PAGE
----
The Burning Room, by Michael Connelly. Little, Brown. 401 pages. Hardcover $28.00, trade paperback $16.00 (available March 17).
The Los Angeles Police Department has a special, somewhat prestigious Open-Unsolved Unit. Harry Bosch, one of the most skilled and experienced hands in the department, has been assigned to it. His new partner, Lucia (“Lucy”) Soto is a comparative newcomer. This kind of pairing is a new policy for the unit, but Lucy’s selection over far more experienced officers rubs many the wrong way. However, having Harry as a mentor is just what she needs.
Lucy shares some of Harry’s old-school attitudes about police work, an attitude that bonds them, but she has a lot to learn.
Perhaps her youthful spark is just what Harry needs, too, as he recognizes that retirement, by choice or by regulation, is not far away.
The case: nine years before the present action, Orlando Merced, was shot. Over the years, the victim had suffered from many complications caused by that bullet lodged in his spine. Now that bullet has finally led to his death. So, it’s a fresh murder case without a fresh crime scene or corresponding evidence. The bullet, now removed from the corpse, is a beginning.
Investigating the shooting of the mariachi musician opens up a window on past crimes. Two of them happened on the same day, in the same neighborhood, within minutes of each other: the robbery of a check-cashing service called EZBank and a deadly fire in a low-end apartment building that housed an illegal day care business.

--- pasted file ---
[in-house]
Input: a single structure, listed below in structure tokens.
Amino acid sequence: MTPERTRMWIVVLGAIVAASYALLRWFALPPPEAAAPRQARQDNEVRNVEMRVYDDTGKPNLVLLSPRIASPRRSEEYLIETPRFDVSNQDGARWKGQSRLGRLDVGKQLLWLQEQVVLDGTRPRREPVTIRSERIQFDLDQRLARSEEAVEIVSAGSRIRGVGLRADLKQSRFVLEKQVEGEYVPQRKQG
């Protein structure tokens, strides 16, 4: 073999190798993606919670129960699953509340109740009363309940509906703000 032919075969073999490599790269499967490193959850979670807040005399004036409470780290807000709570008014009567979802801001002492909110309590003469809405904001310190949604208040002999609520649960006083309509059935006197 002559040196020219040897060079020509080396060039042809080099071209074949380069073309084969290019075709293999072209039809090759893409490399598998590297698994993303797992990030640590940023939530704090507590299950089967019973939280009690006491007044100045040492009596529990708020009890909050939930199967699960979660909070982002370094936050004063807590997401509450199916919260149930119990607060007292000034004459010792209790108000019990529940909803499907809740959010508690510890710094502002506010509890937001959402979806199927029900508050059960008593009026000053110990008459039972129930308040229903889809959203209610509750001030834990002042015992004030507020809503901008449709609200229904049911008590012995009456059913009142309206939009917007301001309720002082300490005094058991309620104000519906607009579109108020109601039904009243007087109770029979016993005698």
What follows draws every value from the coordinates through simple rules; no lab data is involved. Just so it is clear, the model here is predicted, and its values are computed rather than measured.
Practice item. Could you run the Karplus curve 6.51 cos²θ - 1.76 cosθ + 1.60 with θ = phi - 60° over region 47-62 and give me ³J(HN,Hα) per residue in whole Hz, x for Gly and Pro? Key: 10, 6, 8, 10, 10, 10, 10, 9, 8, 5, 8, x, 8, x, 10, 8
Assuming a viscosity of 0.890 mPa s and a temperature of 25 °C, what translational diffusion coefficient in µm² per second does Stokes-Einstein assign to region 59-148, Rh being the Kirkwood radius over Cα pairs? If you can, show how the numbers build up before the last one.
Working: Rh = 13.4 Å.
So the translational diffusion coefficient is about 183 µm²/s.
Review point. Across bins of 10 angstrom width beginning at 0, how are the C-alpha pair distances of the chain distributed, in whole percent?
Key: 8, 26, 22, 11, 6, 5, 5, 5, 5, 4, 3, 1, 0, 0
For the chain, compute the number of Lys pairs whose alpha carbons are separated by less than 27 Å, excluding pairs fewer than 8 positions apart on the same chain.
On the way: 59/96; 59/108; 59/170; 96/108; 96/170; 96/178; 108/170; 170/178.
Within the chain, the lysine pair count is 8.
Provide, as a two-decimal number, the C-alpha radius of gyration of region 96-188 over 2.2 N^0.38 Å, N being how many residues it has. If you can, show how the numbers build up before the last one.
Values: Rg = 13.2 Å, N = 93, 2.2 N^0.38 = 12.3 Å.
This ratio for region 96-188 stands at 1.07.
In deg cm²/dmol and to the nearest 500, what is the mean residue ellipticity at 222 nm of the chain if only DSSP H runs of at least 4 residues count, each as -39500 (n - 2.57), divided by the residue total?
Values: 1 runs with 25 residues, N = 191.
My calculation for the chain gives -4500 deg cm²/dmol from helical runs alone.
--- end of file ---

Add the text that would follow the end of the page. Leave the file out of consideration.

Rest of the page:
The day care fire, a decade earlier than the Merced shooting, has haunted Lucy. At the age of seven, she had lived there and escaped the tragedy. Her decision to become a police officer stems, in part, from this experience.
The arson case is also unsolved. Now, it is Lucy’s pet project, and she and Harry agree that they will split their working time between Lucy’s self-assigned case and the Merced case. They agree that the fire might have been set as a distraction to ensure the success of the simultaneous bank robbery.
The first major insight for the Merced investigation is the strong possibility that someone else was the intended victim – someone in the line of fire standing close to Orlando Merced. Once Harry and Lucy set out to identify and track down this individual, they find themselves involved in the swamp of bureaucracy and political corruption that is the hallmark of many Harry Bosch mysteries.
Getting too close to the truth about the past is likely to blow a hole in the present, especially in an election year – and especially when a former mayor now planning a race for the governorship is depending on money from a potentially compromised source. People who know too much might not live to share their knowledge. . . .
To read the entire review, as it appears in the March 4, 2015 Fort Myers Florida Weekly and the March 5 Naples, Bonita Springs, and Punta Gorda / Port Charlotte editions, click here: Florida Weekly – Burning Room.